Peeved Housekeeper Is $119 Million Problem: Margaret Carlson
Since the continent shifted and everything not nailed down fell into California, many cultural phenomena have started there: right turns on red, the revolt against property taxes, casual Fridays, Lindsay Lohan’s meltdown.
Not all to the good, and neither is this one: Meg Whitman, the former chief executive officer of EBay Inc. (EBAY), set a record last week for personal spending on a campaign, reaching $119 million so far in her bid to be California’s next governor. After winning the Republican nomination, she promised to spend whatever it took to defeat her Democratic opponent, Jerry Brown.
Give Whitman credit. The election isn’t over yet and she has already kept that promise.
It used to be that self-financed candidates looked like Richie Rich: a little bit spoiled and a little bit bored. They had to explain buying themselves friends and votes. In the last nine years, according to the non-profit National Institute on Money in State Politics, only 11 percent of state and federal candidates who supplied the majority of their own campaign funds have won.
Profligacy is no longer a liability. To the contrary, corporate titans are the new outsiders.
Didn’t vote much before shooting for high political office? No big deal. That shows just how politically pure Whitman is. In this year’s toxic environment, to vote is to be incriminated in the election of the bums already in office.
Whitman has airbrushed the blemishes in her career, notably the black eye of having EBay overpay for Skype, the Internet telephone service.
Two days ago, she survived a rather bland debate with the more-skillful Brown. Yesterday she was hit with something that’s knocked others from government, including nominees of the last three presidents.
Nicky Diaz, Whitman’s housekeeper for nine years, came forward to say she has been in the U.S. illegally and claimed Whitman had to be aware of that fact while employing her.
Diaz’s lawyer, Gloria Allred, threw the kitchen sink at Whitman, describing her as an abusive employer, without offering proof. No matter -- the serious part here is hiring someone who turns out to be an illegal immigrant, since the employer has a clear obligation to demand proof of legal status.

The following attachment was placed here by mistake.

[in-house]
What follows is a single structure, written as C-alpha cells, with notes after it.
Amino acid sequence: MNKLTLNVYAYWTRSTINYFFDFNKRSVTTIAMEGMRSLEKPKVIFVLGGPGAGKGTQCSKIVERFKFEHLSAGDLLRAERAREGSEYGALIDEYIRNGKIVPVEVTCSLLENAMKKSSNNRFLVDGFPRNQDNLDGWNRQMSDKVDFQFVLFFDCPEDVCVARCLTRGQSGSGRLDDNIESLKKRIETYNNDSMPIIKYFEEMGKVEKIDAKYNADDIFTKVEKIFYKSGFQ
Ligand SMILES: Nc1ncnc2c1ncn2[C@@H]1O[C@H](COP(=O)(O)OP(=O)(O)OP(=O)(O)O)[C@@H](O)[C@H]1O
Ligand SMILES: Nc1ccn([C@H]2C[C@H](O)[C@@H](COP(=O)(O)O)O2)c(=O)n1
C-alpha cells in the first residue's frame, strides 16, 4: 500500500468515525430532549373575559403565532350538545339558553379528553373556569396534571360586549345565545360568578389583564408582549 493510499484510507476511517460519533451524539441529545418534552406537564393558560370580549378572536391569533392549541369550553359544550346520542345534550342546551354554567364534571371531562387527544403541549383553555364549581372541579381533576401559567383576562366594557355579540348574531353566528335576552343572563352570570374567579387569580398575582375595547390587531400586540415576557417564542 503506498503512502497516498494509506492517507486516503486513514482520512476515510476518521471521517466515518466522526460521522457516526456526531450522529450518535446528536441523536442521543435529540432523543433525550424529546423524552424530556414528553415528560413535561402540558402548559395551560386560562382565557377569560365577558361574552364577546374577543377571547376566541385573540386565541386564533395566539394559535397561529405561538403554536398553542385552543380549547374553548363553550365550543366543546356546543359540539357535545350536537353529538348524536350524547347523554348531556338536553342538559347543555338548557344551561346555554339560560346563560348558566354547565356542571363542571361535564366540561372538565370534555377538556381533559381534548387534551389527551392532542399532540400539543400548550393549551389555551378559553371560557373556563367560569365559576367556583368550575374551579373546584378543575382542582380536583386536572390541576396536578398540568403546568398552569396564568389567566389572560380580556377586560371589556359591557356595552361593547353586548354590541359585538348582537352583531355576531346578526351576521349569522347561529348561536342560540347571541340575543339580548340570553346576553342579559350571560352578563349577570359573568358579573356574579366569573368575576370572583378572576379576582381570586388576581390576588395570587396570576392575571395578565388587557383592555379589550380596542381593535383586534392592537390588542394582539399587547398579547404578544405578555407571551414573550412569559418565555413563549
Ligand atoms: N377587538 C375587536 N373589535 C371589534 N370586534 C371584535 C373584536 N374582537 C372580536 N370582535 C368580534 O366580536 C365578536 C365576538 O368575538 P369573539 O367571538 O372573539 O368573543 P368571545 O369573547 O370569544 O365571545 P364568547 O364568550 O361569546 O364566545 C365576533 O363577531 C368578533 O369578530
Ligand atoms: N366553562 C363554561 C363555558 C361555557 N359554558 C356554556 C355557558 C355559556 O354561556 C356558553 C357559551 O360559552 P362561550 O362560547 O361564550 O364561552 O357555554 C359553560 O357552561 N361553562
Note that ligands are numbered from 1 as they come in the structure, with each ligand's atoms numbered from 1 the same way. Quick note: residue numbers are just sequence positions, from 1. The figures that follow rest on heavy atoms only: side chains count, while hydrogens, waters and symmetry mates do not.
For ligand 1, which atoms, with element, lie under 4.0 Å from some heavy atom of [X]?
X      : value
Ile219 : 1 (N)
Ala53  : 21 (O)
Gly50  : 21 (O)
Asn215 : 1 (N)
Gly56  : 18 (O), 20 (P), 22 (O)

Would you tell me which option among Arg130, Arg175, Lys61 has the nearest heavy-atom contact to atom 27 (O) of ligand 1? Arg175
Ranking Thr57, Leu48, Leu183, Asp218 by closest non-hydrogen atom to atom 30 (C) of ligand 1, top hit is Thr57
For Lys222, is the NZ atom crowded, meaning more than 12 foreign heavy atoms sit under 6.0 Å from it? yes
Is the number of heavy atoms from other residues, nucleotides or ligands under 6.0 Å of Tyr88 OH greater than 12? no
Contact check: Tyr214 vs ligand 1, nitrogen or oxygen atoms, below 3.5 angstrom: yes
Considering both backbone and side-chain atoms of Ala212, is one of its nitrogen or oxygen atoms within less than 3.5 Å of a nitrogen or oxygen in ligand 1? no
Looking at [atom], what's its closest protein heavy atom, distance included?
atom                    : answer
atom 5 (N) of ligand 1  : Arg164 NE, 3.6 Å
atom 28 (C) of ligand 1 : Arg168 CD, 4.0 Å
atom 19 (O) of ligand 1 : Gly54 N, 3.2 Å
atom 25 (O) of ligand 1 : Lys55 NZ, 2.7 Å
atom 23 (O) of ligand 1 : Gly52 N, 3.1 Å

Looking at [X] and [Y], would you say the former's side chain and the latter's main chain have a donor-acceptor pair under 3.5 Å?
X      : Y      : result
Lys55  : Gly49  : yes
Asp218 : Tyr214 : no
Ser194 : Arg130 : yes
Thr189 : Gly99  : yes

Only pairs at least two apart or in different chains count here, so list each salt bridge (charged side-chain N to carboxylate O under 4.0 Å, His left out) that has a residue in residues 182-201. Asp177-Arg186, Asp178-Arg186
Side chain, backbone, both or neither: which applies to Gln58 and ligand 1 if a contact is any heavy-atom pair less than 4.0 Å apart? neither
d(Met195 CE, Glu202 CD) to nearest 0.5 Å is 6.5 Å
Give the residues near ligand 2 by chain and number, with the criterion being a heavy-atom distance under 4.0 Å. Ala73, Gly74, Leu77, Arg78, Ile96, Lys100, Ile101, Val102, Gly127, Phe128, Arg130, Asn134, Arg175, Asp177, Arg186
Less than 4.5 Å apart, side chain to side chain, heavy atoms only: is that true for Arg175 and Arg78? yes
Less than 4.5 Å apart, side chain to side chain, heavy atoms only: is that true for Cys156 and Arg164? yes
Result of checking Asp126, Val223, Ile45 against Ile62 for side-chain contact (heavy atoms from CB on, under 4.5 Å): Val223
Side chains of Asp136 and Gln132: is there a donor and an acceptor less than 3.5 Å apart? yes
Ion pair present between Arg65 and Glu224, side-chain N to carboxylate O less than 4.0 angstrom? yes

When Whitman began her campaign for governor, realizing having an illegal alien on board was a liability, she terminated Diaz -- “throwing me away like a piece of garbage,” as Diaz put it. Whitman, in a statement, said she fired Diaz in June 2009 because that’s when Diaz “confessed that she was an illegal worker.” Allred said Diaz also is seeking back wages and unpaid reimbursement for expenses.
Whatever the truth, the tale of Whitman’s housekeeper bolsters the impression that Whitman is not the gentlewoman she seems to be. The New York Times reported in June that an EBay employee who claimed an angry Whitman had forcefully pushed her in 2007 won a private settlement that may have reached six figures.
In the campaign, Whitman has shifted to the right on immigration, expressing sympathy for Arizona’s plight and subsequent crackdown. Diaz’s timing was impeccable: in the debate one night earlier, Whitman had said employers should be held accountable for hiring undocumented workers.
The hallmark of the multimillionaire candidate is to avoid uncontrolled situations, such as a debate, where your words can come back to haunt you. A sound studio is the self-funder’s preferred venue, 30 seconds the favored time limit. Whitman campaigns primarily by filming ads in a studio with a script and no pesky reporters around.
The Coming Ad
Watch for Whitman to whitewash the housekeeper issue with an ad featuring farm workers, all properly documented, with their children running out of an impressive-looking charter school in crisp uniforms at 3 p.m.
As with self-help and surfer music, California is at the center of a craze sweeping the nation.
Wisconsin Democratic Senator Russ Feingold, the champion of campaign finance reform back when Arizona Republican John McCain still copped to being a maverick, is now facing defeat at the hands of Ron Johnson, a businessman who spent millions to win the Republican nomination. In Florida, the former head of Columbia/HCA Healthcare Corp., Rick Scott, now the Republican nominee for governor, has so many ads up he’s begun the latest round with, “Me again.”
And back in California, Carly Fiorina, former Hewlett- Packard Co. CEO, has spent $5 million extolling her management skills, which included overseeing the outsourcing of thousands of thousands of jobs while the company upgraded its corporate jet fleet and she bought herself a yacht. The fortune she’s drawing on to fund her campaign includes the golden parachute she received after she was booted out.
In staid Connecticut, Republican Senate candidate Linda McMahon makes Whitman and Fiorina look like Rebecca One and Two of Sunnybrook Farm.
She made her money taking a stodgy wrestling operation and lit on the easiest way in America to get rich: selling porn. Hers was soft and involved family members acting out in the ring, a spectacle overshadowed at times by the taint of steroids and the continuing tragedy of wrestlers dying young.
If Major League Baseball or the National Football League were looking for a new commissioner, they would surely shun McMahon. But voters looking for a senator? It’s a sad reflection on us all that money makes that possible.
(Margaret Carlson, author of “Anyone Can Grow Up: How George Bush and I Made It to the White House” and former White House correspondent for Time magazine, is a Bloomberg News columnist. The opinions expressed are her own.)
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